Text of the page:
Triennial Meeting of The Conference on the History of Women Religious
Religion and Philosophy
Wars past, present, and future have shaped the development of the Evangelical Sisterhood of Mary. Mother Basilea Schlink wrote that her sisterhood was “a child of the last war,” referring to the Second World War. Her vision for her sisterhood was equally shaped by the Cold War and by her expectations of the imminent nuclear world war that would usher in the Apocalypse. To these wars Mother Basilea and her sisterhood responded with a radical trust in God, daily individual and corporate repentance, and unwavering support for God’s Old Testament people, the Jews, and, by extension, the State of Israel.
The sisters’ radical trust in God first manifested itself in the events leading up to the founding of the sisterhood. On September 11, 1944, Allied bombers destroyed most of the city of Darmstadt, near Frankfurt in west-central Germany. Among the survivors were the young women of a Lutheran Bible study led by the future Mother Basilea Schlink and Mother Martyria Madauss. Both the leaders and the members of the Bible study saw themselves as gripped by God’s judgment and spared only by his mercy. Their reaction was one of repentance – a central theme in the life of the sisterhood which I will analyze shortly – and of trusting God with the entirety of their lives, depending on him in all things and following his perceived call, whatever the cost.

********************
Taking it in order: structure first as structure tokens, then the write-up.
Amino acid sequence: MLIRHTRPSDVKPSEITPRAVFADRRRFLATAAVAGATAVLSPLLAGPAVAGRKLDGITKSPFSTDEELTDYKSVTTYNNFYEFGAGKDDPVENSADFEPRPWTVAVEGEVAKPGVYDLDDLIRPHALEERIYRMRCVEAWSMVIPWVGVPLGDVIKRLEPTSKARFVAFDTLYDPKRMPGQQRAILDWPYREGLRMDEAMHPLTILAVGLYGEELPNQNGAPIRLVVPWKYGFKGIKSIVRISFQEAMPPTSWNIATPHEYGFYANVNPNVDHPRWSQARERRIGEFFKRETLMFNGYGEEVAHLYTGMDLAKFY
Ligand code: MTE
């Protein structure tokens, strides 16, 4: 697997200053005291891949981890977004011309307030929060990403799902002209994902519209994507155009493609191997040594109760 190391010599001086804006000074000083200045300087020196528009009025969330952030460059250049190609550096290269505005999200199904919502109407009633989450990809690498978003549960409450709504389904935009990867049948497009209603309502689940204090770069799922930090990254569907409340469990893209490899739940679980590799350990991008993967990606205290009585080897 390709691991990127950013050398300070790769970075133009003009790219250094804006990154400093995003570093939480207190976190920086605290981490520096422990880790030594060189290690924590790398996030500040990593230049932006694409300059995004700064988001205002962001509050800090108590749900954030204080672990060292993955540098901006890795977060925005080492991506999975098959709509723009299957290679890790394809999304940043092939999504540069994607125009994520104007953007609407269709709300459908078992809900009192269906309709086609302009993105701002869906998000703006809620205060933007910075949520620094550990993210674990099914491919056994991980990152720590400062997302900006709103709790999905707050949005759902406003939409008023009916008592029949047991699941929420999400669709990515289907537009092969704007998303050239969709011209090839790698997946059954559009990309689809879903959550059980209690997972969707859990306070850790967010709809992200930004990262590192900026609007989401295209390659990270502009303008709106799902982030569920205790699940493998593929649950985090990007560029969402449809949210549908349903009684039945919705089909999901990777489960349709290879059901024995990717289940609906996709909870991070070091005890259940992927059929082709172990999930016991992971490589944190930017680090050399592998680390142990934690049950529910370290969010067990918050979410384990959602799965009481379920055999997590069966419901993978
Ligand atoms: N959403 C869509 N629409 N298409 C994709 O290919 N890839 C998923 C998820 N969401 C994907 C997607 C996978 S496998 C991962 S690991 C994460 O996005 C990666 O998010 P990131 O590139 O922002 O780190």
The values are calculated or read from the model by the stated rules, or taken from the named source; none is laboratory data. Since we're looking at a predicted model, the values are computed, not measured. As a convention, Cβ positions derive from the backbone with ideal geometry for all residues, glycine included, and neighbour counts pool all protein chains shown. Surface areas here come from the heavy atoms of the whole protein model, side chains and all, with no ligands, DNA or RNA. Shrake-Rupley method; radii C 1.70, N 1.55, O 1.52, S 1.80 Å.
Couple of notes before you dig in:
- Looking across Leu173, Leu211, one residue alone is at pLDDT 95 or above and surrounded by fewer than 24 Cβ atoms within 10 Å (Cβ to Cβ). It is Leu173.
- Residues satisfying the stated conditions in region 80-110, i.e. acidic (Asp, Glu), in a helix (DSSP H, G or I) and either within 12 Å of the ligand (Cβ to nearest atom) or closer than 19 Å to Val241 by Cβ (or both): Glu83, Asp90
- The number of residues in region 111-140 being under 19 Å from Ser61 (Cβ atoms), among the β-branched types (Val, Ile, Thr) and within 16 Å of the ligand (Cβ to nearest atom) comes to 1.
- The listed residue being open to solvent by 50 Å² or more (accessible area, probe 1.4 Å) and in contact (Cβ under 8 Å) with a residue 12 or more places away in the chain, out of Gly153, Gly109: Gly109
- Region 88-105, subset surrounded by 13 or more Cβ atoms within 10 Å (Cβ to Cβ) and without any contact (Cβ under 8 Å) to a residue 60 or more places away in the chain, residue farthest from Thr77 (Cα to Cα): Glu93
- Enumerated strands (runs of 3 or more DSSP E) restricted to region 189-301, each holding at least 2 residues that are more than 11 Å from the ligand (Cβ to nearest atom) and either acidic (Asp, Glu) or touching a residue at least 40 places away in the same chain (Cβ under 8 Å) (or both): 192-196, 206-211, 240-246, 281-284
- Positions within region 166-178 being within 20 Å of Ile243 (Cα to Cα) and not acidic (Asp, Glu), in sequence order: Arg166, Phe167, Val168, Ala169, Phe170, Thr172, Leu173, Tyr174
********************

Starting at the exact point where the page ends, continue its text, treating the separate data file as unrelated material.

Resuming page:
Faithful, George, "Trust, Repentance, and Apocalyptic Zionism: Basilea Schlink and the Evangelical Sisterhood of Mary Respond to War" (2010). Collected Faculty and Staff Scholarship. 316.